Practical Feminism with Elly Blue

Elly Blue

Elly Blue is a writer, publisher, speaker, and bicycling advocate based in Portland, Oregon. Her publishing company, Taking the Lane Media, produces feminist non-fiction about bicycling. She has written, edited, and published books, zines, and other independently produced media and is also an active speaker on tour with the Dinner and Bikes project.

In addition to her writing and publishing accomplishments, Blue co-founded PDX by Bike, a business that helps people find their way around Portland by bicycle, and a nonprofit business alliance called the Portland Society.

Her first book, Everyday Bicycling, came out in December, 2012. Her next full-length book, Bikenomics: How Bicycling Will Save the Economy, comes out in February 2013.

Follow Elly Blue on Twitter @ellyblue

1) What inspired you to start producing feminist zines largely focused on bicycling?

I made the first one in 2010 when I was at a crossroads. I’d left my job editing a blog and was trying to figure out what to do next. My partner (and now publisher!), Joe, was planning to go on a month-long tour to show movies and sell books. I was at odds and ends I figured I might as well go too. I wanted to have something to sell, gift, and trade, so I wrote a long form essay venting my increasing frustration with sexism I’d experienced in the bike movement. Someone told me about Kickstarter and it all fell into place. I made zines as a teenager in the 90s, and it felt good to revisit that format in a more polished form at the same time as rediscovering my feminist ideals from that age.

2) What has been your most effective tool for connecting to other (feminist) bike activists and for finding an audience for your work?

Events! I sell and promote books and zines online out of convenience, but really love making connections in person. Joe and I have kept going on tour together every year, and now we travel with an amazing vegan chef and put on really fun Dinner and Bikes events. We are coming to flyover country this May — our schedule is getting finalized quickly.

It’s been especially rewarding to be part of the recent crop of women’s bicycling advocacy events, mostly organized by the League of American Bicyclists’ Women Bike program. The energy in those rooms is incredible, and it is exciting to feel like you’re part of a small but pivotal moment in history.

3) What are one or two pressing issues related to women’s cycling that you wish people were paying more attention to? Why?

Feminism is a big deal in cycling right now, but we really need to get away from the general narrative of women being fearful. Not that we can’t be afraid, or shouldn’t talk about it—but it makes advocacy battles unnecessarily difficult, when you’re saying at the same time that we need to invest in this edgy new kind of infrastructure for bicyclists, but at the same time that bicycling is dangerous and scary so people don’t want to do it. From a marketing perspective, fear is a dud, unless you want to sell pedal-powered tanks. Want to win women’s hearts? Make the connection between cycling and jobs.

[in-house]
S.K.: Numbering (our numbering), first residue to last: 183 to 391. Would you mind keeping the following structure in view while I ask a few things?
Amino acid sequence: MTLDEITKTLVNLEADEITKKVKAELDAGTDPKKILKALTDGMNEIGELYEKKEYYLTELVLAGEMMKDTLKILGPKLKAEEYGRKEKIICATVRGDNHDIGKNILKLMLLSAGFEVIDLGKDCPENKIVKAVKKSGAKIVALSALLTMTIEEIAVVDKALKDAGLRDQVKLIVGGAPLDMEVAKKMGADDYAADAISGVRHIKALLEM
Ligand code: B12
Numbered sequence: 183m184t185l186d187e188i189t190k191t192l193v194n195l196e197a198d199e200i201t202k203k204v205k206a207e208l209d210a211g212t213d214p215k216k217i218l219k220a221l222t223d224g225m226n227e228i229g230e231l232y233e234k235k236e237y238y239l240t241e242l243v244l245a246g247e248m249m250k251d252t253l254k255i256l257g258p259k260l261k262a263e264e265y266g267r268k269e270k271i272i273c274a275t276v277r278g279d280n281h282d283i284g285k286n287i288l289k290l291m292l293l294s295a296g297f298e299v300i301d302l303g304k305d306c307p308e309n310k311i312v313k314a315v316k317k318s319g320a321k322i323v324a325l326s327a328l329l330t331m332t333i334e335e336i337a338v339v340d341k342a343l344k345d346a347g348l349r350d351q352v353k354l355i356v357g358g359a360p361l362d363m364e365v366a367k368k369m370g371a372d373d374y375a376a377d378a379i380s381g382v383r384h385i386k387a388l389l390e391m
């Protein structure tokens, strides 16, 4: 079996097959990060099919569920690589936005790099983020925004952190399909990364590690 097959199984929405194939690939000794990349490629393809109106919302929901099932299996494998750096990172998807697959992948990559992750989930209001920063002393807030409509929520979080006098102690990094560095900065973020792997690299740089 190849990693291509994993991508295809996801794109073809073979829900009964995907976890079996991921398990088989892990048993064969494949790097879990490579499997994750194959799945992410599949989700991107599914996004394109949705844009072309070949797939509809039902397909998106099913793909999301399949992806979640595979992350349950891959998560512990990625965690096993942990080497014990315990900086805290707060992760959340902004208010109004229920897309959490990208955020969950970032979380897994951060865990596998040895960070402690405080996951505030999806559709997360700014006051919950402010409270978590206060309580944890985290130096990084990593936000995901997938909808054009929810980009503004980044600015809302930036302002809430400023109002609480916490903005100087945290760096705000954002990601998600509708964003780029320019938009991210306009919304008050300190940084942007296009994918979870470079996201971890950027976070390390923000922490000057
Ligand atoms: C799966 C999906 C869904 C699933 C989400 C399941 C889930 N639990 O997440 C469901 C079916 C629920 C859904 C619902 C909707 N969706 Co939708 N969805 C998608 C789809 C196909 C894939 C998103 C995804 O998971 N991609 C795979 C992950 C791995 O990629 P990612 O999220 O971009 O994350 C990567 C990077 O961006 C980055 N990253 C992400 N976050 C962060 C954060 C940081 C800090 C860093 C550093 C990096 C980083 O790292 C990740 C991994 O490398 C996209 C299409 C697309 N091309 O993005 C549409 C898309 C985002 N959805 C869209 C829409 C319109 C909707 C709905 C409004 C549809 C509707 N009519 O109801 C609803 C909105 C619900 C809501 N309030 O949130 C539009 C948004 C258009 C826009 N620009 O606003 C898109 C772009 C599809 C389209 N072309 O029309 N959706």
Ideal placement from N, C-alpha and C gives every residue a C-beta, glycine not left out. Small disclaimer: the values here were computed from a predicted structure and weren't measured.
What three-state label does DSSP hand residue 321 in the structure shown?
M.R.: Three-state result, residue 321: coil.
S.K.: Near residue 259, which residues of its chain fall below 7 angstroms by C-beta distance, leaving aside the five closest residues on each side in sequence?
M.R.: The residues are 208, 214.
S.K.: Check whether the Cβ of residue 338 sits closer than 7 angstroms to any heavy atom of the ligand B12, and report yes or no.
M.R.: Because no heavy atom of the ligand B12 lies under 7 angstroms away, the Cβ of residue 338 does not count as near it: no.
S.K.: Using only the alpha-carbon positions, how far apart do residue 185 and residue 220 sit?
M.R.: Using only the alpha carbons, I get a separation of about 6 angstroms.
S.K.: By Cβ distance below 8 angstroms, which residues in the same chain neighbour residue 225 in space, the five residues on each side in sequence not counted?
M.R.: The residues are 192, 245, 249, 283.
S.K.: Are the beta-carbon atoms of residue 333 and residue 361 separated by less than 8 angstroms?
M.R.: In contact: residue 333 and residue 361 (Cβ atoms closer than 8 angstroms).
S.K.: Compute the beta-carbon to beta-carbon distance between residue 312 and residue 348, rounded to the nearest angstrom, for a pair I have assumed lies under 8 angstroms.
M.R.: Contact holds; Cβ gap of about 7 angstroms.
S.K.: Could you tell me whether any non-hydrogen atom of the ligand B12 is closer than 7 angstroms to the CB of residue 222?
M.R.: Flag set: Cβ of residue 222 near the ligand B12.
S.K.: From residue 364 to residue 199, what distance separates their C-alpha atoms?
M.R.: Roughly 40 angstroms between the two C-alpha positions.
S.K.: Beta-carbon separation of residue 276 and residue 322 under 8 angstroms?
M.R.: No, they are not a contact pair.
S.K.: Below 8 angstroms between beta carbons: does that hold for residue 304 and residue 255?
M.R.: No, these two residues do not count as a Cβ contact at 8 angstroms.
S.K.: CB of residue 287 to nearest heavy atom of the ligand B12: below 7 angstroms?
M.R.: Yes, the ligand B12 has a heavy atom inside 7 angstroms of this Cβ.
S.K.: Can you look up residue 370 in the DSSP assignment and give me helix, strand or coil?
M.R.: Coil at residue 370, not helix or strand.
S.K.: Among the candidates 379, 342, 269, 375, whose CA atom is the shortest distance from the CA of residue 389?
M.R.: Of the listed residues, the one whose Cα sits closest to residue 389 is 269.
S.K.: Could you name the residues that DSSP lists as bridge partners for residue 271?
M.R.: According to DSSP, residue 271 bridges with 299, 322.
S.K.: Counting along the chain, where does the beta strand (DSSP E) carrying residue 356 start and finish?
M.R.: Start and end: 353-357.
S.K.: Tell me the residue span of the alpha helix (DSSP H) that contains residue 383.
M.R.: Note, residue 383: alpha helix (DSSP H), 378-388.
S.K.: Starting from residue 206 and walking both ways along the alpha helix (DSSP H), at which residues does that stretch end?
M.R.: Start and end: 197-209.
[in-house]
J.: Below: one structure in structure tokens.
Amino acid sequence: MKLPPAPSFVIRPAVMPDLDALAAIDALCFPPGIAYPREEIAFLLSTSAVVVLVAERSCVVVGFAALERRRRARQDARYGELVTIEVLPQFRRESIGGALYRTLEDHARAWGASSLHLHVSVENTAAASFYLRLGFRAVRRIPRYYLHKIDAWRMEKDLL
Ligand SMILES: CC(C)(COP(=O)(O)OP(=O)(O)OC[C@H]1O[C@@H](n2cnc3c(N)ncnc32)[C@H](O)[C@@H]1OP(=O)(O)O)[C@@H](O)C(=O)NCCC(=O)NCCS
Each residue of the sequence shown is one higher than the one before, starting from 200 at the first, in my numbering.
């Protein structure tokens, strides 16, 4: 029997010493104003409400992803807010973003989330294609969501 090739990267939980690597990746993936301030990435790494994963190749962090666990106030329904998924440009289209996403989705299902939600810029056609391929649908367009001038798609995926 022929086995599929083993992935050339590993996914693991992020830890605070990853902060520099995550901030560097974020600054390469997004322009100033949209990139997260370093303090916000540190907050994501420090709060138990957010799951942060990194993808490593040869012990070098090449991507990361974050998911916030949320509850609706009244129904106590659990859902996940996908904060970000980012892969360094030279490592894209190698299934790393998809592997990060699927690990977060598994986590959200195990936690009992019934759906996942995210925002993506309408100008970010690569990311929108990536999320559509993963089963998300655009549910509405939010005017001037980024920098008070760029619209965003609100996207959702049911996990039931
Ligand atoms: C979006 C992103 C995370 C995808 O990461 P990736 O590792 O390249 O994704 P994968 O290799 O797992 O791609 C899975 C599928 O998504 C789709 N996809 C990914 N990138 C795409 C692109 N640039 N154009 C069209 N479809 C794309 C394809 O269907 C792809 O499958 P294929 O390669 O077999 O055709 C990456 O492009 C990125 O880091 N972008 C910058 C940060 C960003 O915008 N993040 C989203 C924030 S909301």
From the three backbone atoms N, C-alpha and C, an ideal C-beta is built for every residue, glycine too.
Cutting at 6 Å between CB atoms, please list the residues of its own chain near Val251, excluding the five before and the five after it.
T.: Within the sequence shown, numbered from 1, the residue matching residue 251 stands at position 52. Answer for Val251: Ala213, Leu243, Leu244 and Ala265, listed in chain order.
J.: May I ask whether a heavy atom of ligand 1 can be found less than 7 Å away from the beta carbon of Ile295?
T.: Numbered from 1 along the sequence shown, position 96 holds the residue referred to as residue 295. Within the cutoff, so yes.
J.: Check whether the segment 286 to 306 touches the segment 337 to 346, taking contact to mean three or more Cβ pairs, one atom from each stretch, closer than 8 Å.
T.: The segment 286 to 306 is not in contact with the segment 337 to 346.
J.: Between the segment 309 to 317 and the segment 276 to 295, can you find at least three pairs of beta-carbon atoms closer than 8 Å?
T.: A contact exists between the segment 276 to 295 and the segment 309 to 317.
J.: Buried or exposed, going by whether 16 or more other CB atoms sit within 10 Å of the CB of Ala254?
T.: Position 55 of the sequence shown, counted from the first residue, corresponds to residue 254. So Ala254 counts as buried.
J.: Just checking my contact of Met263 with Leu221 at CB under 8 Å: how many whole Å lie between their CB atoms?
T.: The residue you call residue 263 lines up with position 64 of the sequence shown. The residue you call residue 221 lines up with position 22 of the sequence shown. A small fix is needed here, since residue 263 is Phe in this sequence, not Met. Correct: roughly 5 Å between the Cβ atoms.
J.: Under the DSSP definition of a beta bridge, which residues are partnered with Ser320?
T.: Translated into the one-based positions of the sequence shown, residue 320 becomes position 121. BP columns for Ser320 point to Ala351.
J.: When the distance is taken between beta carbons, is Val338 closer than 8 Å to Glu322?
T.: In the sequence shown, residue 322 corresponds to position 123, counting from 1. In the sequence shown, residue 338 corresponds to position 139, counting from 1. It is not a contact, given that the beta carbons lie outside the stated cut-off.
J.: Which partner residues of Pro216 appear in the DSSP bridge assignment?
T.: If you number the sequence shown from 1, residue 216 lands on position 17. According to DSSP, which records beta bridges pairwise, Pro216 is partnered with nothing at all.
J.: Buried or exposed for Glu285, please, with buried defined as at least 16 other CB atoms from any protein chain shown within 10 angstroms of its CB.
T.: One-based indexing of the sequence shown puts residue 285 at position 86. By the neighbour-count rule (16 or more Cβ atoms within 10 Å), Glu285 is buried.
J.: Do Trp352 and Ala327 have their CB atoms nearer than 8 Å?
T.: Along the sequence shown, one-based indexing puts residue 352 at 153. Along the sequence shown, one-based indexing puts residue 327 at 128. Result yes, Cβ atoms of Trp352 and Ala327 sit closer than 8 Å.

Also, I predict that the new generation of leaders and role models in the bike movement will be women of color — that sea change is already happening, and it’s heartening to see that fact being acknowledged and amplified by the old guard, especially the League.

4) What do you love about Portland, (where you live, bike, and write)?

There are so many things I love about Portland! Bicycling here is for the most part, easy, and there’s something for everyone. We also have a really high density of independent bookstores. I love that.

5) Favorite under-the-radar writers and or blogs?

There are so many to choose from! I love reading Urban Adonia’s blog. On paper, the Dames on Frames zine comes out infrequently (you can download back issues online here). and has great content, in both Spanish and English. But most of my written inspiration lately is coming from the 1970s — I love the handmade aesthetic and the unabashedly huge, world-transforming visions of the Whole Earth Catalogs and the books they offered. That’s where I first heard of zines, from the big, white one that came out in the 1990s.

This is part of an on-going series of interviews with activists around the world who are putting their feminism into practice.

If you have any suggestions of people we should interview (including yourself), please write us at flyover[at]flyoverfeminism[dot]com.

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